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Please note that I am not referring to Euler angles of the form (α,β,γ). I am referring to the axis-angle representation, in which a unit vector indicates the direction axis of a rotation and a scalar the magnitude of the rotation.

Let $(\hat{n_1},\theta_1)$ refer to the first rotation and $(\hat{n_2},\theta_2)$ refer to the second rotation. What is the value of the first rotation followed by the second rotation, in axis-angle representation?

I understand that the composition of two rotations represented by quaternions $q_1$ and $q_2$ is equal to their product $q_2q_1$. Is there a way to find the composition of axis-angle rotations (without having to convert them to quaternions, multiply them, and convert them back to axis-angle) in a similar manner? Is there a simplified formula for this operation?

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The formula is given in this excerpt from a journal paper. It was discovered by the French mathematician Olinde Rodrigues in 1840, which was before the invention of vectors or even quaternions (which were invented before vectors).

The composition of $\alpha\hat{l}$ and $\beta\hat{m}$ (where the second rotation is applied and then the first is applied) is given by $\gamma\hat{n}$, where $\cos\frac{\gamma}{2} = \cos\frac{\alpha}{2}\cos\frac{\beta}{2} - \sin\frac{\alpha}{2}\sin\frac{\beta}{2}\hat{l}\cdot\hat{m}$ and $\sin\frac{\gamma}{2}\hat{n}=\sin\frac{\alpha}{2}\cos\frac{\beta}{2}\hat{l}+\cos\frac{\alpha}{2}\sin\frac{\beta}{2}\hat{m}+\sin\frac{\alpha}{2}\sin\frac{\beta}{2}\hat{l}\times\hat{m}$.

As a sanity check, it's easy to see that when $\hat{l}=\hat{m}$, then it's easy to see that $\gamma=\alpha+\beta$ and $\hat{n}= \hat{l}=\hat{m}$.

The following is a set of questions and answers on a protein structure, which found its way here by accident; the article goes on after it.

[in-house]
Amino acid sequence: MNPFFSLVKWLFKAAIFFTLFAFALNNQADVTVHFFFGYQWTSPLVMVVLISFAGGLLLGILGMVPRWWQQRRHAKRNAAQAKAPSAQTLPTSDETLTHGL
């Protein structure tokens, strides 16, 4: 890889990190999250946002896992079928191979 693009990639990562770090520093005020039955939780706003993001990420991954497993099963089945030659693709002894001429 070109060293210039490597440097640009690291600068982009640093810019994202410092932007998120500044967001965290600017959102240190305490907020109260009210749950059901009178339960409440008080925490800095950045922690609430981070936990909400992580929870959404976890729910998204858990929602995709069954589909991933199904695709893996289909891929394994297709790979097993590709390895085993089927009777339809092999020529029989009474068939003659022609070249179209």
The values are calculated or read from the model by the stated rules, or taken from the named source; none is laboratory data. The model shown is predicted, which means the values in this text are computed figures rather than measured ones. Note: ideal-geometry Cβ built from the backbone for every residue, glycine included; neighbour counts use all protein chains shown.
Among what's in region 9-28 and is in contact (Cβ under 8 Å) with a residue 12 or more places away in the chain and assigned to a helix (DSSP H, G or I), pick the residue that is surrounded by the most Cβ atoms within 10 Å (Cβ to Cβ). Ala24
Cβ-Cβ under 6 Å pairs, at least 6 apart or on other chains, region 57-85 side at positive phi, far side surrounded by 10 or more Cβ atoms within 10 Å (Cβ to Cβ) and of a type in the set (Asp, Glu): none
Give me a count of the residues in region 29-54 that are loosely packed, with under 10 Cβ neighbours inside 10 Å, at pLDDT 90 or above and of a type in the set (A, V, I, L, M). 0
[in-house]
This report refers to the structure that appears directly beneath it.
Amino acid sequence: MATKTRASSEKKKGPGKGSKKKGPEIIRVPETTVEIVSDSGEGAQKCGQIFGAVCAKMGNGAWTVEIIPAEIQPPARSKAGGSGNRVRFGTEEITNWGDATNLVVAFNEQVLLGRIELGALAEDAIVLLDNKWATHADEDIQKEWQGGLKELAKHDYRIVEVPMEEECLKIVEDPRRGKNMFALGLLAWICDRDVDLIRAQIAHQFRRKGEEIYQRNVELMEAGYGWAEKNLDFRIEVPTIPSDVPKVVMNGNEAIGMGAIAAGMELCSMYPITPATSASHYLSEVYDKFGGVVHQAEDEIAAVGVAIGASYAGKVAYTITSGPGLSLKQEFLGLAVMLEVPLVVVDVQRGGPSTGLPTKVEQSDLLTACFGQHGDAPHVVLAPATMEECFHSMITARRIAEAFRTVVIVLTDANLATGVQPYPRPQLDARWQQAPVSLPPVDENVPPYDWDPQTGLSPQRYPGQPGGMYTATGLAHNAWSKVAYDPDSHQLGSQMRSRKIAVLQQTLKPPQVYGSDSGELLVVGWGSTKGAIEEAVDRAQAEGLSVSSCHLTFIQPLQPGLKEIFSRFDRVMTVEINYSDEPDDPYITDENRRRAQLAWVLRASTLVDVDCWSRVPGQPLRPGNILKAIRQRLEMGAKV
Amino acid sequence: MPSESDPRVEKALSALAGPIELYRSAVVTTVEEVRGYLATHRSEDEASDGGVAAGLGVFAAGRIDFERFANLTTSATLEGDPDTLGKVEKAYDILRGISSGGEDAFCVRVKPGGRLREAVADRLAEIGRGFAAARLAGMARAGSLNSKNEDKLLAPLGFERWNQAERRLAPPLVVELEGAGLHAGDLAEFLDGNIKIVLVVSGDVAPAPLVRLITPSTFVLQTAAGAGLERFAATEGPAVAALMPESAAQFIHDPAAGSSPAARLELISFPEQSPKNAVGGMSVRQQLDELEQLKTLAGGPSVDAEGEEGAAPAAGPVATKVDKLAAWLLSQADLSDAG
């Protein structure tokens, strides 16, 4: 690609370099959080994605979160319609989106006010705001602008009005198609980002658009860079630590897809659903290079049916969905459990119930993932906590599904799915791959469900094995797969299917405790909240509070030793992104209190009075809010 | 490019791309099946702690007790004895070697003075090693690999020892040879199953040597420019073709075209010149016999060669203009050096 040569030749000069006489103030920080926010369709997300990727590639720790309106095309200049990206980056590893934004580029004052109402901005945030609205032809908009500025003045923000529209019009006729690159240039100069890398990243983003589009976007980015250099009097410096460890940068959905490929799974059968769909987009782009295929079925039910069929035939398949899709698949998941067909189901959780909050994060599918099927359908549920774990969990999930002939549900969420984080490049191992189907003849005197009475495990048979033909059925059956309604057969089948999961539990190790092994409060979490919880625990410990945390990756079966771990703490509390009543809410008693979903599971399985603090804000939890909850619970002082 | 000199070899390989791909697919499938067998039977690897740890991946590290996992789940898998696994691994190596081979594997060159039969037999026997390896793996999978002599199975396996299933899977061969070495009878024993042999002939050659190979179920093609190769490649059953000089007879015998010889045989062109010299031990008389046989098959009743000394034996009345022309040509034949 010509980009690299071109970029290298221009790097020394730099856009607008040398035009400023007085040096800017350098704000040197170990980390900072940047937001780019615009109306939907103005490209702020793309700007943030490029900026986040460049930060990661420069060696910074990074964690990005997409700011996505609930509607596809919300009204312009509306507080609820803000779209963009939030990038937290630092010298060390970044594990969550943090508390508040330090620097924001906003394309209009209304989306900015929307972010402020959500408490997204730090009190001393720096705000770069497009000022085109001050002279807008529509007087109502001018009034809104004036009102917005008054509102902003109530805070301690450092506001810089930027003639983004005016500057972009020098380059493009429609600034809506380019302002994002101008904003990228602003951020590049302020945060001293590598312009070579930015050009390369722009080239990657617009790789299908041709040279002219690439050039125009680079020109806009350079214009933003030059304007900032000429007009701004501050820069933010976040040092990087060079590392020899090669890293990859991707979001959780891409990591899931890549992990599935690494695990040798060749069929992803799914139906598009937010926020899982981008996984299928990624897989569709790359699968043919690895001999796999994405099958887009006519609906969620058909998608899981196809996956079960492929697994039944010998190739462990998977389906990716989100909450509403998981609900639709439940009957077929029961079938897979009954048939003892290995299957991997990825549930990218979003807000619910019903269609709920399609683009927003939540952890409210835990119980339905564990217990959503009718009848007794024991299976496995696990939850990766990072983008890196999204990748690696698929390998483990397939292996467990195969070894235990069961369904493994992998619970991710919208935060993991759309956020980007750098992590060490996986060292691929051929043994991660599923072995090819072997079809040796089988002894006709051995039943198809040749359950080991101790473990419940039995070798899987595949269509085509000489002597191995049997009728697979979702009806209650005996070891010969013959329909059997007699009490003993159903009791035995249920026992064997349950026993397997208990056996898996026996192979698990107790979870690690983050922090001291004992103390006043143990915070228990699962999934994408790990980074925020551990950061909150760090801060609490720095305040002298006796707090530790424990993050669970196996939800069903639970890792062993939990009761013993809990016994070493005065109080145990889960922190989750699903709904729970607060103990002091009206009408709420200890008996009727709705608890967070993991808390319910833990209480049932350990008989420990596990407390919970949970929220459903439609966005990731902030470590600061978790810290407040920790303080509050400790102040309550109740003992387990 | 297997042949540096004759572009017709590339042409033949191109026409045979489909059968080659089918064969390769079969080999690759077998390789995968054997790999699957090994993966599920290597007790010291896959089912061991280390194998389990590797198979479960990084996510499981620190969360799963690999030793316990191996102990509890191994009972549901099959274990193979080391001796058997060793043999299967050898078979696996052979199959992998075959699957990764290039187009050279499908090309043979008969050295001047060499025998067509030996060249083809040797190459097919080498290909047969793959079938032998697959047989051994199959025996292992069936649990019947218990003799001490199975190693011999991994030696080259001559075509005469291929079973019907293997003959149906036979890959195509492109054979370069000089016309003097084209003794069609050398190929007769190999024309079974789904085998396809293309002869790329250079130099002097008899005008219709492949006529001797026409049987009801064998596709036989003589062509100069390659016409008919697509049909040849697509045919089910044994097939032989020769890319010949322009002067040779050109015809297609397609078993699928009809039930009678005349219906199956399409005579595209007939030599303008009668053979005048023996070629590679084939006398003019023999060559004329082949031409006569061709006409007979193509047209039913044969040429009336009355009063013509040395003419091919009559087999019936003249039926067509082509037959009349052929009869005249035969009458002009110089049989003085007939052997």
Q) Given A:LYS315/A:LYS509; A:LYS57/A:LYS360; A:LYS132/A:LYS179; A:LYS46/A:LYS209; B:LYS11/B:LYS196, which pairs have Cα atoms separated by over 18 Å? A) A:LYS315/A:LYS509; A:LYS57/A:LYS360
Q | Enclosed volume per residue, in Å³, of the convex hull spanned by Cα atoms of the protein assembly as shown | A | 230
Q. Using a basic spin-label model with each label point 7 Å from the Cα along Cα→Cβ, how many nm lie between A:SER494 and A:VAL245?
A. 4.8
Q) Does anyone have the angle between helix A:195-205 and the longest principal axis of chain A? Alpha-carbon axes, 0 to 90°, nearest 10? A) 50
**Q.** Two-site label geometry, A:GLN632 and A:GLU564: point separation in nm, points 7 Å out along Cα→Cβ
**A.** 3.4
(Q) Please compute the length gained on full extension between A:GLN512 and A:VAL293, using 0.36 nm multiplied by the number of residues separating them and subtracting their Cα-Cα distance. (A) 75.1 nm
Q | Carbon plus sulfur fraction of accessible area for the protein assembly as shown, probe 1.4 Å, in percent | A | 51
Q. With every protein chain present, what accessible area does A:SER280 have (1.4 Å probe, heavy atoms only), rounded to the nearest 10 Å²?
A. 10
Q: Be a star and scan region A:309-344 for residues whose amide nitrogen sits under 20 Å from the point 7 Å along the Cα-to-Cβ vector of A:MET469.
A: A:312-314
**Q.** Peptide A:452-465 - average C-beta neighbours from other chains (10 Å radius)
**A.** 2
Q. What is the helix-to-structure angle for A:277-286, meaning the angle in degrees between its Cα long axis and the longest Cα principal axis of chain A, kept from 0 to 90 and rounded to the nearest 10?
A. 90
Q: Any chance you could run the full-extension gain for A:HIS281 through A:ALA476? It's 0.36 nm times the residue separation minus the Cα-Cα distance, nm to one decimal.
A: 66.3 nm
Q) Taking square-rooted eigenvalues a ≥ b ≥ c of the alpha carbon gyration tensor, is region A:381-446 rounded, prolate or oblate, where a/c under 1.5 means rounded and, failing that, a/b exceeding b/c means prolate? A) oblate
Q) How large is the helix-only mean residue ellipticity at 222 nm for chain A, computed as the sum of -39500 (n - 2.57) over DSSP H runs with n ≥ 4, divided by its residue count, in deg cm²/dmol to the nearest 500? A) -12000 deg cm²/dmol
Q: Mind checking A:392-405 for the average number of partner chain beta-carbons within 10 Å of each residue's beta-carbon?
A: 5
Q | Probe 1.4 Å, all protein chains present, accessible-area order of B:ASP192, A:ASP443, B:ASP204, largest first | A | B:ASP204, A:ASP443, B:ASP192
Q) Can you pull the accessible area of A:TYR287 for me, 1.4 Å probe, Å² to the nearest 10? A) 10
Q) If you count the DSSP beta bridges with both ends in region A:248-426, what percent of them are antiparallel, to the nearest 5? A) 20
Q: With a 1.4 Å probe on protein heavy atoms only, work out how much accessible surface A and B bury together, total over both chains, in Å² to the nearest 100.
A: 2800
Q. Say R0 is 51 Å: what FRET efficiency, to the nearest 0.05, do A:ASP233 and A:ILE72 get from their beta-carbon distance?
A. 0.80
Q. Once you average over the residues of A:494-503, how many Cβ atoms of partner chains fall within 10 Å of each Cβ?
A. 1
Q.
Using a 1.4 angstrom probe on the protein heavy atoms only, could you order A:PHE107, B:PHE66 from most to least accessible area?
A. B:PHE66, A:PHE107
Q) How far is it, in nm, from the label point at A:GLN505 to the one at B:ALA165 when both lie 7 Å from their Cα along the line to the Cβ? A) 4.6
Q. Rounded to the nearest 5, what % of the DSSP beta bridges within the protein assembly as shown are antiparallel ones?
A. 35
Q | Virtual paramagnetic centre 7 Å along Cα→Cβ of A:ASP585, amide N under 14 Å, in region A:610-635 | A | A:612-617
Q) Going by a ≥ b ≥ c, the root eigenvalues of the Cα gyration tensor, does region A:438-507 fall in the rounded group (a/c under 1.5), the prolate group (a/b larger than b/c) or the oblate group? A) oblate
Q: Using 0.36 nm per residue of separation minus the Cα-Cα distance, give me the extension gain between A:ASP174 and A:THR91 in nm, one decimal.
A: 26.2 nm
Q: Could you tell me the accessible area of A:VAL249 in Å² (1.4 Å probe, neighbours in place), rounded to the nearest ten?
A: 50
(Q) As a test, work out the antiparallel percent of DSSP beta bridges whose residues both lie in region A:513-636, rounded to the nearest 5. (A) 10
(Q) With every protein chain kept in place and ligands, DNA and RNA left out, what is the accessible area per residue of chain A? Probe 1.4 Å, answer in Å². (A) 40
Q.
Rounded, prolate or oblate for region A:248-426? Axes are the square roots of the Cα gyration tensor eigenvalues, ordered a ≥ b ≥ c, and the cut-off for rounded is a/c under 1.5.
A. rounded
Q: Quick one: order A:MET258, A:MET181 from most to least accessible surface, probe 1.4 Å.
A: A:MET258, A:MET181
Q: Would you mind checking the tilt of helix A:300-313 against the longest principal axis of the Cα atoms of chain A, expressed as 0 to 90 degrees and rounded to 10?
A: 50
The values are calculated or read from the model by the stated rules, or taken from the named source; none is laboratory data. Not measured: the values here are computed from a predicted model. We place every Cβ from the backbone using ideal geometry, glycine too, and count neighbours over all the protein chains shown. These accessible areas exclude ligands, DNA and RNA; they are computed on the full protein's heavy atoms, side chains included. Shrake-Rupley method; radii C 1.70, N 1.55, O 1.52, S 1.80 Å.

In any case, these formulas are proven in detail in this chapter of Simon Altman's book "Rotations, Quaternions, and Double Groups", but it basically boils down to this spherical triangle:

enter image description here

See also this related result proven by William Rowan Hamilton after he invented quaternions.

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  • $\begingroup$ Yep, that is about as monstrous as I expected. $\endgroup$ – rschwieb Oct 22 '16 at 1:59
  • $\begingroup$ @rschwieb Haha, at least there's some logic to it in terms of geometry, rather than just a random equation that comes out of nowhere. $\endgroup$ – Keshav Srinivasan Oct 22 '16 at 2:19
  • $\begingroup$ @KeshavSrinivasan Can you disclose the title and author of that mysterious journal paper? $\endgroup$ – BarbaraKwarc Nov 6 '16 at 14:30
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    $\begingroup$ @BarbaraKwarc Sure, it's "Hamilton, Rodrigues, and the Quaternion Scandal" by Simon L. Altmann: jstor.org/stable/2689481 $\endgroup$ – Keshav Srinivasan Nov 6 '16 at 14:52
  • $\begingroup$ Thanks, I'm reading it right now. What is the "binary rotation" he is mentioning all the time? $\endgroup$ – BarbaraKwarc Nov 6 '16 at 21:21
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I do not believe there is without passing through some alternate representation (quaternion, matrix, ...). This is one of the known disadvantages of axis-angle compared to the others, while an advantage is the triviality of inversion (simply negate the angle or the axis).